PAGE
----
Assyrian Horse Relief
“Assyrian sculpture is the sculpture of the ancient Assyrian states, especially the Neo-Assyrian Empire of 911 to 612 BC, which ruled modern Iraq, Syria, and much of Iran. It forms a phase of the art of Mesopotamia, differing in particular because of its much greater use of stone and gypsum alabaster for large sculpture.
Much of the best-known works are the huge lamassu guarding entrance ways, and Assyrian palace reliefs on thin slabs of alabaster, which were originally painted, at least in part, and fixed on the wall, all around the main rooms of palaces. Most of these are in museums in Europe or America, following a hectic period of excavations from 1842 to 1855.
The palace reliefs contain scenes in low relief which glorify the king, showing him at war, hunting and fulfilling other kingly roles.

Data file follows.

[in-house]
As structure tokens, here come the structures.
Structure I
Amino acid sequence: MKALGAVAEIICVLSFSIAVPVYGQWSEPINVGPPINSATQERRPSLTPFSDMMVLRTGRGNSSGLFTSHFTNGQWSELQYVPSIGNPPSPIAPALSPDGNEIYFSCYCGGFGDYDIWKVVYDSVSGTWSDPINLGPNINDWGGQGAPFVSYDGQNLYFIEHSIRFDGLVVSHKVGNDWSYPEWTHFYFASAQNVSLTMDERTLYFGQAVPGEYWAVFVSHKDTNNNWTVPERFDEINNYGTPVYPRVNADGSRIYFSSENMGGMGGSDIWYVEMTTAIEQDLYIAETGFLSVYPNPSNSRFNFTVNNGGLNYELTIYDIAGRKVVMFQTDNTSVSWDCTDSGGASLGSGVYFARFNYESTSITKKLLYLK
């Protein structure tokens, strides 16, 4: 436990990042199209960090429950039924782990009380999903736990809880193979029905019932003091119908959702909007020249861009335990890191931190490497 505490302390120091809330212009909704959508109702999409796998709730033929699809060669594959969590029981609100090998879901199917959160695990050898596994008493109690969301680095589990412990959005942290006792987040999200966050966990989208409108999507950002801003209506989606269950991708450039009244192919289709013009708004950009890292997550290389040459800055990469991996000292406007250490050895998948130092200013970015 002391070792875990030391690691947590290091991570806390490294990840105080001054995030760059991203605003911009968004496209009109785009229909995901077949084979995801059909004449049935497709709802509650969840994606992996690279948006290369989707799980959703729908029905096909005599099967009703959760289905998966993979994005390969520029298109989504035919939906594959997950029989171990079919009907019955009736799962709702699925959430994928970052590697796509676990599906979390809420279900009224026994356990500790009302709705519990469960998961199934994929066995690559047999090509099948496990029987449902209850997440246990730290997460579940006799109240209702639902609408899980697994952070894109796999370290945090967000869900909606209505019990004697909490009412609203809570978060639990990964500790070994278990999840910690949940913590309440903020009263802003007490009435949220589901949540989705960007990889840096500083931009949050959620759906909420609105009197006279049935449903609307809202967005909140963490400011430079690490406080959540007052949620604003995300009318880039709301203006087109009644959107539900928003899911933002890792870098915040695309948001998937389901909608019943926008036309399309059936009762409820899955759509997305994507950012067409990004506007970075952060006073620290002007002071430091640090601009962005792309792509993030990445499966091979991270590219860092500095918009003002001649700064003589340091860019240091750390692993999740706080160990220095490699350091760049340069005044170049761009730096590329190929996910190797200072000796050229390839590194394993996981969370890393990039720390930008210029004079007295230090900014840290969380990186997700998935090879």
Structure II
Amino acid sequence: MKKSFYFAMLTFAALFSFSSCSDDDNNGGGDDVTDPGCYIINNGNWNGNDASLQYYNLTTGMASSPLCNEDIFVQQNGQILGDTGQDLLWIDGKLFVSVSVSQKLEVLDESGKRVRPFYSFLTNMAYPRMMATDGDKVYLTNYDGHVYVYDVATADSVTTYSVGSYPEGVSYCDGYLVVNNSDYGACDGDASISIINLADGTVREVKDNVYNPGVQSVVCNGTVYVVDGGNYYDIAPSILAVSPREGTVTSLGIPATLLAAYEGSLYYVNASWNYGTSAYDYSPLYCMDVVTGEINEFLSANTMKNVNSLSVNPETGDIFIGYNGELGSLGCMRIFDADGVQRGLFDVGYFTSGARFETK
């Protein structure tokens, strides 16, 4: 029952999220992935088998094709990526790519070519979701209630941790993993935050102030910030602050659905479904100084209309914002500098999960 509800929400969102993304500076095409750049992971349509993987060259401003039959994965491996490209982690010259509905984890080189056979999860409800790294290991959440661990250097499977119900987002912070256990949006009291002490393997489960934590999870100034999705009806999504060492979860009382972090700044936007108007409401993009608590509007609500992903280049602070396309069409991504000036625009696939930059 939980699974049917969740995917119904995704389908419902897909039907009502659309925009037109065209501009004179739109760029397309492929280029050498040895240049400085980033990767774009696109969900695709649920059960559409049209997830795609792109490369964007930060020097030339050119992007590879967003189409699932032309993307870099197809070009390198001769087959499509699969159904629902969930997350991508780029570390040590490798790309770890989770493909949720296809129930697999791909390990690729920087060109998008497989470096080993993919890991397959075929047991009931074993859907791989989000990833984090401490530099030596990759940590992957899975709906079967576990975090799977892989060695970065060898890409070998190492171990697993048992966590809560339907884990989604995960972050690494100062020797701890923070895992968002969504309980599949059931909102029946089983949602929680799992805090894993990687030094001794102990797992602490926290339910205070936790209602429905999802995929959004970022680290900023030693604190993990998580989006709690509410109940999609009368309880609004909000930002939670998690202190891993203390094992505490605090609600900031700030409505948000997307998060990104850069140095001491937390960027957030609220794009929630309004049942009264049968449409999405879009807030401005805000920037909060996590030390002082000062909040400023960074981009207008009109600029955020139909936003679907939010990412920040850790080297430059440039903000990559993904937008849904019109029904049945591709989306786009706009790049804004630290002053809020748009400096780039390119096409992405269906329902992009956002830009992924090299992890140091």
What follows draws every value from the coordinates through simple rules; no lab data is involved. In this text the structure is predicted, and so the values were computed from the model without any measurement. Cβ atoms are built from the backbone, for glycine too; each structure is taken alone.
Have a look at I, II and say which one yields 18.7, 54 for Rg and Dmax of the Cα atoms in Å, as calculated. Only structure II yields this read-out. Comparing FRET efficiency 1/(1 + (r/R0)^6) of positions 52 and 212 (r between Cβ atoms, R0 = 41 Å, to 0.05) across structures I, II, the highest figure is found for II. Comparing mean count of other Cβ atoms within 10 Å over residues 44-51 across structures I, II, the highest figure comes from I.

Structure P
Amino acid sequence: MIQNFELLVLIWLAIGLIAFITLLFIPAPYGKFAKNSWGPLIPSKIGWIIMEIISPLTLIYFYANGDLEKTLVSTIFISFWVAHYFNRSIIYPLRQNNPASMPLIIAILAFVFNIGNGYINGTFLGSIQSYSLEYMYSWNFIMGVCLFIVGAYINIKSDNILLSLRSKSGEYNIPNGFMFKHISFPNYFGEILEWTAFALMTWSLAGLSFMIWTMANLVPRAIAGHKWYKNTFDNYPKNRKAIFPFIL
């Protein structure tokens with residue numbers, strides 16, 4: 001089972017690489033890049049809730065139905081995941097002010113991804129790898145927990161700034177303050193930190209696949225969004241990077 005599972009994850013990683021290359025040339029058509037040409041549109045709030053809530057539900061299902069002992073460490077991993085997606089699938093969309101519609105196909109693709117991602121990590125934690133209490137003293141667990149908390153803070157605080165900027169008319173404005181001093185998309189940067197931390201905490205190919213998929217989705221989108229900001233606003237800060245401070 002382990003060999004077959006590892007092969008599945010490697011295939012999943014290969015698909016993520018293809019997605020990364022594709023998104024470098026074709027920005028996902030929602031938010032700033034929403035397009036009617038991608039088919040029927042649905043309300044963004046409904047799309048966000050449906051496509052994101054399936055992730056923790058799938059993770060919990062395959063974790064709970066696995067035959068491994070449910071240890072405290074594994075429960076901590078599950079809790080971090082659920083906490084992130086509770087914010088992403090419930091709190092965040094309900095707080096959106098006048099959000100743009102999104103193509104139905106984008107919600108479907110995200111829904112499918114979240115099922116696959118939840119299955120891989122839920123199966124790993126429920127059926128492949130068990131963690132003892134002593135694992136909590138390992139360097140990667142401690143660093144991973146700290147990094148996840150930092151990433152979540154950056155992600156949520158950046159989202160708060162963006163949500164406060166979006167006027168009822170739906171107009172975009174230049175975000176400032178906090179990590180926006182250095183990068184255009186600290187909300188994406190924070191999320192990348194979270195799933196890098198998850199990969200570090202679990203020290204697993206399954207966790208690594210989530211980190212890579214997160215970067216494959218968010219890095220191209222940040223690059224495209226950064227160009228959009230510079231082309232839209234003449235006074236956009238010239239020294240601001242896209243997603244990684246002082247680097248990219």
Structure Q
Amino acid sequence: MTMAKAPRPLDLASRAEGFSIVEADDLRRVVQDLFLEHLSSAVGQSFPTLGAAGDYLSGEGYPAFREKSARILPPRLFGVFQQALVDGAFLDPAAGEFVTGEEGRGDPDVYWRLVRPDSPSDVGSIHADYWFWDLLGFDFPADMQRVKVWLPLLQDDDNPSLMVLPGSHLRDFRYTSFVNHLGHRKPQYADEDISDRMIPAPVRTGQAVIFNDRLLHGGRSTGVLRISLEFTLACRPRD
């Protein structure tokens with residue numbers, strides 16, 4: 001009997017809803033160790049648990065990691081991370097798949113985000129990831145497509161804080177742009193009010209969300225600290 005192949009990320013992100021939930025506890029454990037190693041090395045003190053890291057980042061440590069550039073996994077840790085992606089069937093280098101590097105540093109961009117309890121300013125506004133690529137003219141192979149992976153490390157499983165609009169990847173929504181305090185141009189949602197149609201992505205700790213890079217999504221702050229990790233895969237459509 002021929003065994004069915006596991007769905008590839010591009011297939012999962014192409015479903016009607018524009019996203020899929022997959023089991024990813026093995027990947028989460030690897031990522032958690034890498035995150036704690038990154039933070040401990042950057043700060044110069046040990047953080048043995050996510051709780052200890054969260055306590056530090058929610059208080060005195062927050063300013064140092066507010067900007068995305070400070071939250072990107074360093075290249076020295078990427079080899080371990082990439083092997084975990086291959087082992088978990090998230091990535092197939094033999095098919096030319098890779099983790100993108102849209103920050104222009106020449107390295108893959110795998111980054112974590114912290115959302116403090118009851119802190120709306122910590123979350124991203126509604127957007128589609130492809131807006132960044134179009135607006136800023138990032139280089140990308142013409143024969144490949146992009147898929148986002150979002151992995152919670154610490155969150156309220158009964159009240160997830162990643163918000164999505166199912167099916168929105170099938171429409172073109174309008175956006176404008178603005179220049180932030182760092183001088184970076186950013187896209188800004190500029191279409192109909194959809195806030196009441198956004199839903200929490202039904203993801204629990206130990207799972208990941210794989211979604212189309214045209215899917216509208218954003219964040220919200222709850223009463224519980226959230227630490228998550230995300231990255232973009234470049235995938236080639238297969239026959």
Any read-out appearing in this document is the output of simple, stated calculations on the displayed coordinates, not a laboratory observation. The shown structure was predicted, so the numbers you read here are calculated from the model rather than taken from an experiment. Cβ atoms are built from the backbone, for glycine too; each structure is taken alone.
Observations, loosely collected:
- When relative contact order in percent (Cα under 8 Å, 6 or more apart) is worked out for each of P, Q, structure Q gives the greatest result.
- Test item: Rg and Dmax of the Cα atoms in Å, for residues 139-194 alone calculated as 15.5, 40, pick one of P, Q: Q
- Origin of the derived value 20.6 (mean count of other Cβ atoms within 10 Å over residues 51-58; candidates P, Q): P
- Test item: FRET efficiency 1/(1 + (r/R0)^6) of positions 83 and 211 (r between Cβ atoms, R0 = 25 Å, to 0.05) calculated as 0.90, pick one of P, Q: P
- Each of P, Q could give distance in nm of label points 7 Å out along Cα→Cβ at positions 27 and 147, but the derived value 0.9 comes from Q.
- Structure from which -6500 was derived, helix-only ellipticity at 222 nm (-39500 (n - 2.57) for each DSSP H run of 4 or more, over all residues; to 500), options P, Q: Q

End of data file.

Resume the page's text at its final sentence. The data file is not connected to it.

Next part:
The palace reliefs were fixed to the walls of royal palaces forming continuous strips along the walls of large halls. The style apparently began after about 879 BC, when Ashurnasirpal II moved the capital to Nimrud, near modern Mosul in northern Iraq. Thereafter, new royal palaces, of which there was typically one per reign, were extensively decorated in this way for the roughly 250 years until the end of the Assyrian Empire. There was subtle stylistic development, but a very large degree of continuity in subjects and treatment.” – Wikipedia
We offer a replica of a fragment, cast from the original which is currently exhibited in The British Museum.